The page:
Home > Alzheimer's Disease, Dementia & Brain Health > Caring Gracefully for Family Members With Dementia

Caring Gracefully for Family Members With Dementia

A few nights ago, while tossing and turning in bed, too restless to quiet my mind and fall asleep, my husband stirred beside me. I told him I couldn’t sleep. His answer? “Why don’t you get up and go in the other room?” When I lamented that I was hoping he would comfort me, he rephrased his advice as such, “Why don’t you get up and go in the other room, sweetie?” Grrr, what a jerk I thought, but said nothing and turned over. Then I think of my elderly mother, the way she mixes everything up, and doesn’t believe me when I tell her something. I consider myself a patient person, especially with children (because they haven’t yet learned better) and the elderly, but when it comes to family members, I’m not so sure. Often times, many of us seem to reserve a large part our saintly patience and courteous behavior for total strangers.

How would you rate yourself?
On a scale of 1-10 (10 being saintly), how patient are you?
Do you extend the same grace, mercy, and forgiveness to your own family as you do to strangers and co-workers?
Are you more patient with children or the elderly?

If your honest answers to these questions touch a nerve, it may indicate that you are not a good candidate for becoming the sole caregiver of your elderly parents, particularly when the signs of dementia begin to appear. Of course, most of us feel justifiably responsible for helping our elderly parents and treating all of our loved ones with the same patience and respect we afford strangers, and when we struggle with doing so, most of us make an effort to improve. In trying to understand the phenomena, maybe we grow too accustomed to the unconditional love family members provide. We come to depend on their support, understanding, insight and guidance on everything from inconsequential day-to-day events, to important topics such as safety or a family crisis. When our family members don’t come through in a way we expect, albeit from the sleepy stupor such as was with my husband, or the devastating, gradual loss of cognitive skills in the case of my mother, we feel hurt and disappointed. We are insulated from hurt inflected by strangers because we lack a heightened level of intimacy with them.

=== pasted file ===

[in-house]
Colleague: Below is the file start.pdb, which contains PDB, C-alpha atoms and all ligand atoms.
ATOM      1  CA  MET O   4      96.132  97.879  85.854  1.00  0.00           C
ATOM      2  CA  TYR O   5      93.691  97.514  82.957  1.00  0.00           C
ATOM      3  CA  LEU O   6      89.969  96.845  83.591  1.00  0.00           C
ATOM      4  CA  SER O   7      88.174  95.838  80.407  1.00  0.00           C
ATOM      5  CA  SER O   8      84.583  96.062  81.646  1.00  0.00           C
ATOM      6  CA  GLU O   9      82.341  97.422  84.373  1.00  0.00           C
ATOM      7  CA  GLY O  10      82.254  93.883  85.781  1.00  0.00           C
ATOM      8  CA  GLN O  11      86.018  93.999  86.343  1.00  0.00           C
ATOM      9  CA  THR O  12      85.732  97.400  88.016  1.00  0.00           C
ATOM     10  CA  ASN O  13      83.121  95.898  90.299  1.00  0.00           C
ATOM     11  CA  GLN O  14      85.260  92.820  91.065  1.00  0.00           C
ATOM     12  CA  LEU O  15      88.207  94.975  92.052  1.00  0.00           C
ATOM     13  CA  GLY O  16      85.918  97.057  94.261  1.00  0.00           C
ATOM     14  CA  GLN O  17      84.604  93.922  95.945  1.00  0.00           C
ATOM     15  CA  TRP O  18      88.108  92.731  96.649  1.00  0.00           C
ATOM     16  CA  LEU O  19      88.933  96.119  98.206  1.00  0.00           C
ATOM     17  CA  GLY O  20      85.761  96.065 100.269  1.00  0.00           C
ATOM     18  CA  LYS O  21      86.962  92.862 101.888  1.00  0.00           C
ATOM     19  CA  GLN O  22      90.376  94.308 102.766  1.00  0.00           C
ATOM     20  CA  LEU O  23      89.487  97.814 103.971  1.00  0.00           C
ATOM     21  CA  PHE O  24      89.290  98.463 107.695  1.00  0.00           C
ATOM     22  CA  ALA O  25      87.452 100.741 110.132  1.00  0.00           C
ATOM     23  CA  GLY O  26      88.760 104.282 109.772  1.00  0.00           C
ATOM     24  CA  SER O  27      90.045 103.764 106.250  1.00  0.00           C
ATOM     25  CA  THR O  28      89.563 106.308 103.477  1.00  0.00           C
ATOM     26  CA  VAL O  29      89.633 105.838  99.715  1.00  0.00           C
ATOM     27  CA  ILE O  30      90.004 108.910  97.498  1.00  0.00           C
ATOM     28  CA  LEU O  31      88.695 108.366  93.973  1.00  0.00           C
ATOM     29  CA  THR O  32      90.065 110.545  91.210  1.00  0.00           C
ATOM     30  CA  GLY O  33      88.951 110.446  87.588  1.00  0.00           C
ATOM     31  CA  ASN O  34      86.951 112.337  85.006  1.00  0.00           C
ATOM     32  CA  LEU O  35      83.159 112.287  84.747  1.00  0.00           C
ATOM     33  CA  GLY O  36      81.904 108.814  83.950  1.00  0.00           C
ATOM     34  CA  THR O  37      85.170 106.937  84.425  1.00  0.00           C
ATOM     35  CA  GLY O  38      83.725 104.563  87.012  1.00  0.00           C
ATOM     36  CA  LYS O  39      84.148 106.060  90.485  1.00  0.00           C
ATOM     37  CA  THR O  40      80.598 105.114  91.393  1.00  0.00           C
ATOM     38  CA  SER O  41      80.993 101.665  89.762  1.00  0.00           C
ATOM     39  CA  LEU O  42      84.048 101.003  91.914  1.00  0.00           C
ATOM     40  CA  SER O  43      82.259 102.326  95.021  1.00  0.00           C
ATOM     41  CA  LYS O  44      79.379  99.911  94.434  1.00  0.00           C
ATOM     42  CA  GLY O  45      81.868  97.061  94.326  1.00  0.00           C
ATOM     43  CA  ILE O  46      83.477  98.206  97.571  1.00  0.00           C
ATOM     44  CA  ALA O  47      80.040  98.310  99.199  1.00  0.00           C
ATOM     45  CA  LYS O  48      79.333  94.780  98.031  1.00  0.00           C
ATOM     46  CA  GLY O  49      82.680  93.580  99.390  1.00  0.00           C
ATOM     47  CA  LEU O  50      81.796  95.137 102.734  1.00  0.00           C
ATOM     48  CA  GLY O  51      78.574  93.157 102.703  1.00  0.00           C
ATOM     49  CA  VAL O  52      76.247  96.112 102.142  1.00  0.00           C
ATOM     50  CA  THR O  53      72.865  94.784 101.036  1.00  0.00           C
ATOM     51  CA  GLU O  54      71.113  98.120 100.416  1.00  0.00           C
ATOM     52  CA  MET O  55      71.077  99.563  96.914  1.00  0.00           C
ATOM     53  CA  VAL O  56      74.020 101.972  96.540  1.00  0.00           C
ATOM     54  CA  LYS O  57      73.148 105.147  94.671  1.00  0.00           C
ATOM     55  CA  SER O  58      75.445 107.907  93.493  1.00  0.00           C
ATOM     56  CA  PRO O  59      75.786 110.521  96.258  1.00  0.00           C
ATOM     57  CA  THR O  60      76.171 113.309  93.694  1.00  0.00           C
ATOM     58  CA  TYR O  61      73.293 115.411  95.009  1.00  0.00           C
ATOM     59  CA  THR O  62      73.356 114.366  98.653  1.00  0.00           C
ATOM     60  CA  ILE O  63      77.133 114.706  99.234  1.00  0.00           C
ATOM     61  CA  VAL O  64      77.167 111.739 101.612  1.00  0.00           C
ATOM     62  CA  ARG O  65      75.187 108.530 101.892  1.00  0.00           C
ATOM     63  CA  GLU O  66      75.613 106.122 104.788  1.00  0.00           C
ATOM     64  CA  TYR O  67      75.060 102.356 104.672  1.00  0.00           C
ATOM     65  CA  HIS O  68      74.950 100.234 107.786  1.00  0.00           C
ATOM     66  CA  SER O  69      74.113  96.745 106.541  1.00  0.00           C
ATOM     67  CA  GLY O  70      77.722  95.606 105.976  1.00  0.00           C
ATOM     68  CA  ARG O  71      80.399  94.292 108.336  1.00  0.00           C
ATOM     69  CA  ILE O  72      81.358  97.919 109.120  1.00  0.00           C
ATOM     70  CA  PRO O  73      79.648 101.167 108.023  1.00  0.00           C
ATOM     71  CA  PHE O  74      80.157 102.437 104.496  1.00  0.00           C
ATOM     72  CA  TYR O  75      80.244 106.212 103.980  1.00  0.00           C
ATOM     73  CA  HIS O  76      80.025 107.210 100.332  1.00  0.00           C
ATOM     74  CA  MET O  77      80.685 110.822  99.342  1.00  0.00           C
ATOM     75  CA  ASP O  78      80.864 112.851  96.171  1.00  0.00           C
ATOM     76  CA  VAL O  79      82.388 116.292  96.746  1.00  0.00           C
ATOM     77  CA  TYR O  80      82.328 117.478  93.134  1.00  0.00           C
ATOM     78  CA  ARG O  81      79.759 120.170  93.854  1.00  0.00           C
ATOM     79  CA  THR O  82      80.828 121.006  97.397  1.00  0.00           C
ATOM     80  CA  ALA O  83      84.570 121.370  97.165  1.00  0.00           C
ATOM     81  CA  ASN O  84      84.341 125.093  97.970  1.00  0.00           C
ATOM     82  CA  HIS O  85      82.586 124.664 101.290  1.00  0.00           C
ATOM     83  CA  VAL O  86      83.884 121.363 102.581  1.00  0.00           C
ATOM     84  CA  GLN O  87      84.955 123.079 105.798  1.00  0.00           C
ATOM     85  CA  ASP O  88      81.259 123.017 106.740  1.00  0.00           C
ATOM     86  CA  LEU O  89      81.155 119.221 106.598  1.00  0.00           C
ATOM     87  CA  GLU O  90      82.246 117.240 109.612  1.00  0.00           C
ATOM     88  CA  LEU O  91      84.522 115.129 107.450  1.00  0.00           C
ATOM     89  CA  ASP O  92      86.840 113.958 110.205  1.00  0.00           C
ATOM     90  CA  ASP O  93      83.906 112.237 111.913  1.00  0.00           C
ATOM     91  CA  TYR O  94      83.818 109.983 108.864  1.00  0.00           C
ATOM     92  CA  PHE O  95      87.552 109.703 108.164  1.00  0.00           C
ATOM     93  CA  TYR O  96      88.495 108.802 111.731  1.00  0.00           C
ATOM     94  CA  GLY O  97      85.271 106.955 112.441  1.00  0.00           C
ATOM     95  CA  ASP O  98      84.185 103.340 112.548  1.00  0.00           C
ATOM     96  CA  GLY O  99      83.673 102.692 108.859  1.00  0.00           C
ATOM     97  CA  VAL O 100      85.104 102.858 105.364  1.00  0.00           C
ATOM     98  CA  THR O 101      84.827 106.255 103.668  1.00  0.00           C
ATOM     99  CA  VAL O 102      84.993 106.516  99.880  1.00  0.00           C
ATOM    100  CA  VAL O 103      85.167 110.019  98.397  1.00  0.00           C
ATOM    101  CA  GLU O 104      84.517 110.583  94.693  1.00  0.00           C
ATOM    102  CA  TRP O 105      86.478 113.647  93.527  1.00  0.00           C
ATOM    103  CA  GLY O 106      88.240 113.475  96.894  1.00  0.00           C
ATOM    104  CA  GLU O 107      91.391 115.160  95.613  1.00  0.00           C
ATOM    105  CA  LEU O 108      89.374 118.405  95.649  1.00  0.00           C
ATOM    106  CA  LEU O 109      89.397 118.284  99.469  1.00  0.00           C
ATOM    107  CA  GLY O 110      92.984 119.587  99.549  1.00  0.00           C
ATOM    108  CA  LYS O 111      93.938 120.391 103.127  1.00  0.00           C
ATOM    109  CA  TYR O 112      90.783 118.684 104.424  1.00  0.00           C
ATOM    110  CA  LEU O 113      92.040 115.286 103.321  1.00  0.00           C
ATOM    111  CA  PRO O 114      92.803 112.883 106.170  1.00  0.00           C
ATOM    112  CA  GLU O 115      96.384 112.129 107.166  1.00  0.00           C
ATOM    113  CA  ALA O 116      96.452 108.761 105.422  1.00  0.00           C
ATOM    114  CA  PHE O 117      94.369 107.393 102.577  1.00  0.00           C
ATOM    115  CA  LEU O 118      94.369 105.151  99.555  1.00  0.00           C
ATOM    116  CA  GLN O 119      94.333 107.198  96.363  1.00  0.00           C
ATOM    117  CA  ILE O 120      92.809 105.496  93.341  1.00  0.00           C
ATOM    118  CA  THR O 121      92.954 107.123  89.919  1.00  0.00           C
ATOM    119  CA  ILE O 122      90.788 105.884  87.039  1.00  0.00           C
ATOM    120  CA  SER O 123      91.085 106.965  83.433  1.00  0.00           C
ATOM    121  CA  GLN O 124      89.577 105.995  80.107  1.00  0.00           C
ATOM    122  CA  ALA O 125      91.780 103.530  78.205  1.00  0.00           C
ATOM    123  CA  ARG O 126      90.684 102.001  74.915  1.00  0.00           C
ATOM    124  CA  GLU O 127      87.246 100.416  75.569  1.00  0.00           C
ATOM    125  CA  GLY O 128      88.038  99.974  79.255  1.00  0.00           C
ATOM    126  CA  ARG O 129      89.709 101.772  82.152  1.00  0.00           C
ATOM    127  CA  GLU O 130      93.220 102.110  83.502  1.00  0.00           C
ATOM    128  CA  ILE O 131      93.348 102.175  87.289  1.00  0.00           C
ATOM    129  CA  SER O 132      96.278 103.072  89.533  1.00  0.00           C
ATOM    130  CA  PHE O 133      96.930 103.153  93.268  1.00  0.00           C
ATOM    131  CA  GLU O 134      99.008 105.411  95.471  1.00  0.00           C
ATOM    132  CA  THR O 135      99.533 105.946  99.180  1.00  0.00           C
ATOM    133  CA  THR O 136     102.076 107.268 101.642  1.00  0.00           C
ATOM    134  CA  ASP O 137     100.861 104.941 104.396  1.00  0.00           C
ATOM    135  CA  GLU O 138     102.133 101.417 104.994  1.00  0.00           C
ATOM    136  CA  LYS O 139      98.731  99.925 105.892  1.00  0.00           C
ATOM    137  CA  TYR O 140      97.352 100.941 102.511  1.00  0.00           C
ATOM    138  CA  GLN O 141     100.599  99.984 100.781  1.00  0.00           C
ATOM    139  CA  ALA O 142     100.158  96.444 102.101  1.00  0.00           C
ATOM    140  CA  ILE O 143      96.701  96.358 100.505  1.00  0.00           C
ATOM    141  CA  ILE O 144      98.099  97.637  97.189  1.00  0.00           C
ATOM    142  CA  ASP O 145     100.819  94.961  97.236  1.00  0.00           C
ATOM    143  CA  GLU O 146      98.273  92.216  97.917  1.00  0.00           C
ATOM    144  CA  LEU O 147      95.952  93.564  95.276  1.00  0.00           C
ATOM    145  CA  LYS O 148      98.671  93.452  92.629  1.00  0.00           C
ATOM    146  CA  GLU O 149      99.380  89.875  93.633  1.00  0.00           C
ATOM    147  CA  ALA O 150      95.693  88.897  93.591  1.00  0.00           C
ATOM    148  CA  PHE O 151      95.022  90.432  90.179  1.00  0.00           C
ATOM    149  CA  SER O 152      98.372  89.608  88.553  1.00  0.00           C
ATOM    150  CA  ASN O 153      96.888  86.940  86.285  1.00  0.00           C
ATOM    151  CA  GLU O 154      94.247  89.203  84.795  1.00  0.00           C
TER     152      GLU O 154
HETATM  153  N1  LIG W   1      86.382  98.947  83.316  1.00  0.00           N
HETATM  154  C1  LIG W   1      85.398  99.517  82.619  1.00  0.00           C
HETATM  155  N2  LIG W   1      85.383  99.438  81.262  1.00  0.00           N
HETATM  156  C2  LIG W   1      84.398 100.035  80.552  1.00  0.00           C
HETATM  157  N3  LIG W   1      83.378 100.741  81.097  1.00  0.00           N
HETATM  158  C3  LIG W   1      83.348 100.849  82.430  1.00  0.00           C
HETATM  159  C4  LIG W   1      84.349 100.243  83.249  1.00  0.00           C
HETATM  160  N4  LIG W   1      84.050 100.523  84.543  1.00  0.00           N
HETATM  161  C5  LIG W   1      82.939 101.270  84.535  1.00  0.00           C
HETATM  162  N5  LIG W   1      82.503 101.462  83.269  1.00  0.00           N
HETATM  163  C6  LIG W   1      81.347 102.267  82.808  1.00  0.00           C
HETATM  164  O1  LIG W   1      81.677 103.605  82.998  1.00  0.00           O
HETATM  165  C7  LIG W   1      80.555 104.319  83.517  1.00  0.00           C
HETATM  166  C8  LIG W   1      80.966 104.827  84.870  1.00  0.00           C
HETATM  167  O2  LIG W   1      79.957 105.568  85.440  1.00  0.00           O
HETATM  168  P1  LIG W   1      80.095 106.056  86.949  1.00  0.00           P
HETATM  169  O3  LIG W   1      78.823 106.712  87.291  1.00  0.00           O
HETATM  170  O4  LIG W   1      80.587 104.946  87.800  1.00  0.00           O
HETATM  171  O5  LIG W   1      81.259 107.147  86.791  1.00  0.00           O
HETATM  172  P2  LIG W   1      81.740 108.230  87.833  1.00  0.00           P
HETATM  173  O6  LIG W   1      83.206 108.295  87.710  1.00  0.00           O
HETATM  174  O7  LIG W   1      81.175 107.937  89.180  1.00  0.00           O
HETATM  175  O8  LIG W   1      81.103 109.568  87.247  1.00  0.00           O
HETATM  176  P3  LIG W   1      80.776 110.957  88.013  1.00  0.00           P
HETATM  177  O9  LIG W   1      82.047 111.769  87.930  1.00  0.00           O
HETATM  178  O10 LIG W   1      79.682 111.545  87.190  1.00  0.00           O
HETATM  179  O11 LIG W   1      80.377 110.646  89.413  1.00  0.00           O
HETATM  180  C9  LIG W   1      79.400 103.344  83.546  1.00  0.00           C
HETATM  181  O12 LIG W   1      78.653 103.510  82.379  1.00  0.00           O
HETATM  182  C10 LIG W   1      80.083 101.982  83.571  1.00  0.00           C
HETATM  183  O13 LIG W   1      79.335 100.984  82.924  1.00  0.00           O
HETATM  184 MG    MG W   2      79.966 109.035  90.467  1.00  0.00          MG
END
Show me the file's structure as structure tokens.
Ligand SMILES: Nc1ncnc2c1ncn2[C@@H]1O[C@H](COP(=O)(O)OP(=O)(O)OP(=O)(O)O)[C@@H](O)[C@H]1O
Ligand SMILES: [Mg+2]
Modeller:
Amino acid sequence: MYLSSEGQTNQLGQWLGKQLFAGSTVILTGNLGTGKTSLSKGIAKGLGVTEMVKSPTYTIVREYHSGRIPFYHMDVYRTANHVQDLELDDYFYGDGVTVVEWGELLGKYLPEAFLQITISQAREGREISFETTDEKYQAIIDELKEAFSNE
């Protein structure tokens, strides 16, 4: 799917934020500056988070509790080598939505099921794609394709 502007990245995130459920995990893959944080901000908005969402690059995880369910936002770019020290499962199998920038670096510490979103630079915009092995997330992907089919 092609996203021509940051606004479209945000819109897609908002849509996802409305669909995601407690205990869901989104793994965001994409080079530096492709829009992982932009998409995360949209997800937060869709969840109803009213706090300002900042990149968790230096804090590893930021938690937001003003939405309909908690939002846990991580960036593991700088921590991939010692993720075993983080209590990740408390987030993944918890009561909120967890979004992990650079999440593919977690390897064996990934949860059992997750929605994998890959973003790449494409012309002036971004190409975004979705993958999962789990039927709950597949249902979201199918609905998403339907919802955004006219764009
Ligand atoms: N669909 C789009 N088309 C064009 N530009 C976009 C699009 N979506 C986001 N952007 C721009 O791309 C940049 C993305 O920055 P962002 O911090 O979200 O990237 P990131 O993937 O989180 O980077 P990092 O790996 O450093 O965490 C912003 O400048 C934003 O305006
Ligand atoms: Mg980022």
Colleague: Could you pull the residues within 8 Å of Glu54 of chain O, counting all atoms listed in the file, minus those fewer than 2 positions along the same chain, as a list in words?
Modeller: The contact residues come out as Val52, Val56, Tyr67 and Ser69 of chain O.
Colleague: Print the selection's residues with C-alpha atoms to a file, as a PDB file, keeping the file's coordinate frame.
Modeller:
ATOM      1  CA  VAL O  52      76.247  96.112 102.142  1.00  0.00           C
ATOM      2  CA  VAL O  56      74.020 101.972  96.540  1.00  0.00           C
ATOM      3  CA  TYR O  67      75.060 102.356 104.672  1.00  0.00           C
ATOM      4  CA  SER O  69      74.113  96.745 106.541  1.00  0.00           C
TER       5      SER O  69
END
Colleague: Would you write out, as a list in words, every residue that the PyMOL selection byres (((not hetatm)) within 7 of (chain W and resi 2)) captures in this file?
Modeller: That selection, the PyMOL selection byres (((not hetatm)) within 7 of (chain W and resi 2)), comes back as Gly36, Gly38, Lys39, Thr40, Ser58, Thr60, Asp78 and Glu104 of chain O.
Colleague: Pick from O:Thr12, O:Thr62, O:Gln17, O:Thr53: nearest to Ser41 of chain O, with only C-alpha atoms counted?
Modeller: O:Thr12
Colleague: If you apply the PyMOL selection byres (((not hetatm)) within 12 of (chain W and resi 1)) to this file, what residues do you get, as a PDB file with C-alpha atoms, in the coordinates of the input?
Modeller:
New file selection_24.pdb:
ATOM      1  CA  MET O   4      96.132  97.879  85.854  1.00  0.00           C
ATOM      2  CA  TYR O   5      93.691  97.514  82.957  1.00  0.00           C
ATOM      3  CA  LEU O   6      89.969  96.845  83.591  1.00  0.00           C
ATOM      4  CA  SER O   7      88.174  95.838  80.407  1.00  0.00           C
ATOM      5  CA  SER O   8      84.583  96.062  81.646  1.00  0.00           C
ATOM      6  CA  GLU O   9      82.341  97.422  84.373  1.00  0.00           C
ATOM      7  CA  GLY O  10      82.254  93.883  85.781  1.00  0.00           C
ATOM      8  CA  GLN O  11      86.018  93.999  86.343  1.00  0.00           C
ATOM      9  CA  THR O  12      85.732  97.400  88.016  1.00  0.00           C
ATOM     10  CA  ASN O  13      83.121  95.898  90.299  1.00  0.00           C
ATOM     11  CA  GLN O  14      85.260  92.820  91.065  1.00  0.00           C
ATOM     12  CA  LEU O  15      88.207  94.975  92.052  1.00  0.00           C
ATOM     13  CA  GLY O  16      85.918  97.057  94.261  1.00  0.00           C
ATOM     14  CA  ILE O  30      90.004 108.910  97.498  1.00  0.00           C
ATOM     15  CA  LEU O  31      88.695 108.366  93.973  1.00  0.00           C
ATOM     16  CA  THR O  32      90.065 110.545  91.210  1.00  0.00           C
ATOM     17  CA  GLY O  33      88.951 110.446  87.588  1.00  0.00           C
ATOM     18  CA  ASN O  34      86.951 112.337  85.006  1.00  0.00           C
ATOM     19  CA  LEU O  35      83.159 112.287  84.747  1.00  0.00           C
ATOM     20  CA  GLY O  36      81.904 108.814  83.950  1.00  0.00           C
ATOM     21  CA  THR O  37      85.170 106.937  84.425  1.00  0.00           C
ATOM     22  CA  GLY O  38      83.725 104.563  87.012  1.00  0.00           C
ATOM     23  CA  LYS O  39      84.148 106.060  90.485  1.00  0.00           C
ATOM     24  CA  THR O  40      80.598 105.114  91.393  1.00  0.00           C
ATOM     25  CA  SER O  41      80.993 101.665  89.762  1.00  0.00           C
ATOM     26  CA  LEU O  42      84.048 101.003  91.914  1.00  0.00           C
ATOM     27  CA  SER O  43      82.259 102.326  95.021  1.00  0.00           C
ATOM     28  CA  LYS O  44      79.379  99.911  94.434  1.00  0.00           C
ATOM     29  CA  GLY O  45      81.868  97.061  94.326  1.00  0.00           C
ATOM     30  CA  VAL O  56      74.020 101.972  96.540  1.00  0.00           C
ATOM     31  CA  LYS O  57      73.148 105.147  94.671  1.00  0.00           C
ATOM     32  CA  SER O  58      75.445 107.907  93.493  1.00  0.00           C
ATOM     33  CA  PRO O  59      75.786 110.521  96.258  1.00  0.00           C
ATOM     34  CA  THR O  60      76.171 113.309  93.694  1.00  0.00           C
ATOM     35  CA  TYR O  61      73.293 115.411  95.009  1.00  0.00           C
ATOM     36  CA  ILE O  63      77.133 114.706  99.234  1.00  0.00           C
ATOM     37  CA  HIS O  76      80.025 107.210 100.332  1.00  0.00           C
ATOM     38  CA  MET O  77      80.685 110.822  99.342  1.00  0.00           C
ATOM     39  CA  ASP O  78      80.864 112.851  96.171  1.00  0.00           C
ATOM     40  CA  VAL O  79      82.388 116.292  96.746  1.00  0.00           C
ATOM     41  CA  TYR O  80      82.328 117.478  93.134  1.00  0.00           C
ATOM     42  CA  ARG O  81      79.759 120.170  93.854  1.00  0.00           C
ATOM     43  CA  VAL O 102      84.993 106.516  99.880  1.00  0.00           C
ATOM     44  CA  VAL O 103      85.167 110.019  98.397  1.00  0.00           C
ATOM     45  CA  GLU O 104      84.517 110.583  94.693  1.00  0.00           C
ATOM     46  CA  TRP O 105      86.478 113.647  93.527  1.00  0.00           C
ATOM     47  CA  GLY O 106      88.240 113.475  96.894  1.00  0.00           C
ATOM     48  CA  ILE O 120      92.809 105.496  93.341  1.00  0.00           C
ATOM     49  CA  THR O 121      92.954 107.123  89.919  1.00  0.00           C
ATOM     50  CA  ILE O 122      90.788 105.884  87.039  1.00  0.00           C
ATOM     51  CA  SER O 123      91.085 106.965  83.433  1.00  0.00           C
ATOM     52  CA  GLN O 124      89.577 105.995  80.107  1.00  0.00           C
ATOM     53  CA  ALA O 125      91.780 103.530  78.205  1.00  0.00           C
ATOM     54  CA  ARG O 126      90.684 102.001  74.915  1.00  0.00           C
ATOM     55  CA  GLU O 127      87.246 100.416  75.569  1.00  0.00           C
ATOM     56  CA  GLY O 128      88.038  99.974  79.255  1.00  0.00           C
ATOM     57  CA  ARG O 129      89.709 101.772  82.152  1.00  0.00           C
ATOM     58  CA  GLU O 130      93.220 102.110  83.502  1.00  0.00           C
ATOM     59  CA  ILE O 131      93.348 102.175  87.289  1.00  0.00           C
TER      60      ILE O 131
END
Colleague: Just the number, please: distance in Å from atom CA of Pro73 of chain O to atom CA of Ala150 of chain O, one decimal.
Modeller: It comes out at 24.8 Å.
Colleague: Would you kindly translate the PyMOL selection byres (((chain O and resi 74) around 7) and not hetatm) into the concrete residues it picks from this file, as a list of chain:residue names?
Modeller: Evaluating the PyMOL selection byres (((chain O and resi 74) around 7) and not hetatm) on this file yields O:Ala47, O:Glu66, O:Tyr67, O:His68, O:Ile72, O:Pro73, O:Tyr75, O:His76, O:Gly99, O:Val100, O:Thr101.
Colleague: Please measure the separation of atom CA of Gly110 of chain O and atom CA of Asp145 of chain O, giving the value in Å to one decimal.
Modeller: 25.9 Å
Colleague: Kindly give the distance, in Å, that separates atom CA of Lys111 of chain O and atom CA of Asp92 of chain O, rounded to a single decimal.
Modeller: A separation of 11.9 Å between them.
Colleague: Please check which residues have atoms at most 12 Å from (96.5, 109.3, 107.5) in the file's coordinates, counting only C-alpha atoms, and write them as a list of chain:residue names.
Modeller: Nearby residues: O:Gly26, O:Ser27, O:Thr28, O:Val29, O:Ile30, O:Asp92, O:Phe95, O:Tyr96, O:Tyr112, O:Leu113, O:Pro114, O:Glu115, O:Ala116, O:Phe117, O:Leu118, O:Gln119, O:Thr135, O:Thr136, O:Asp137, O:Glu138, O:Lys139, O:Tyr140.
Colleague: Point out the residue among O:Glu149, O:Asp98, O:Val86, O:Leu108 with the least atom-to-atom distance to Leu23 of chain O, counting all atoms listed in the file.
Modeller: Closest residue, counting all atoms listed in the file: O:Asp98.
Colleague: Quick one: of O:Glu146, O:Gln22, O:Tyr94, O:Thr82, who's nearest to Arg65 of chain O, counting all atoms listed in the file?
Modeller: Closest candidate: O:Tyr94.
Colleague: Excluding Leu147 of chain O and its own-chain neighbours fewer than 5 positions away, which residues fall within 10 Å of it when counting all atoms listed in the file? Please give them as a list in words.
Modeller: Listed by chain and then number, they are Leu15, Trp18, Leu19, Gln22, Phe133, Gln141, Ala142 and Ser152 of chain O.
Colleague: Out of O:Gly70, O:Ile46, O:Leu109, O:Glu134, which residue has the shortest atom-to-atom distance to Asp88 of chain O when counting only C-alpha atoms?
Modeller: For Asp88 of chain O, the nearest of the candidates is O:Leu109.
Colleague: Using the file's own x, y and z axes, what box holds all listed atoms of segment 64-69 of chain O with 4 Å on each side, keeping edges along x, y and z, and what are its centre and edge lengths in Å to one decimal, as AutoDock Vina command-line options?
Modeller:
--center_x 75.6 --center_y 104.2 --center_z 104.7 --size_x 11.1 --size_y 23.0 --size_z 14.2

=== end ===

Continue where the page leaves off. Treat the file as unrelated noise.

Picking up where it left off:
Understanding the intrinsic layers of decline that accompanies dementia and its effect on a human being may provide us with the knowledge to help us deal with it  our elderly family members more gracefully. The Alzheimer’s Association regularly distributes articles that provide insight for helping family members and outside caregivers deal with those affected by the disease. A recent one, published in the Huffington Post, says, “It is so easy to think that there is no one there anymore when the person in front of you does not talk, or when they make unintelligible sounds, or say things that don’t seem to make sense, or don’t remember what happens from one minute to the next.” Although it may be a normal reaction, talking as if the person is not there or addressing them as you would a child and assuming that your interactions with them do not matter, can create an even more frustrating situation.
The article offered eight truths to help change the way we relate to persons with Alzheimer’s or other dementias.
The fact that the person doesn’t speak does not mean that they do not hear or understand.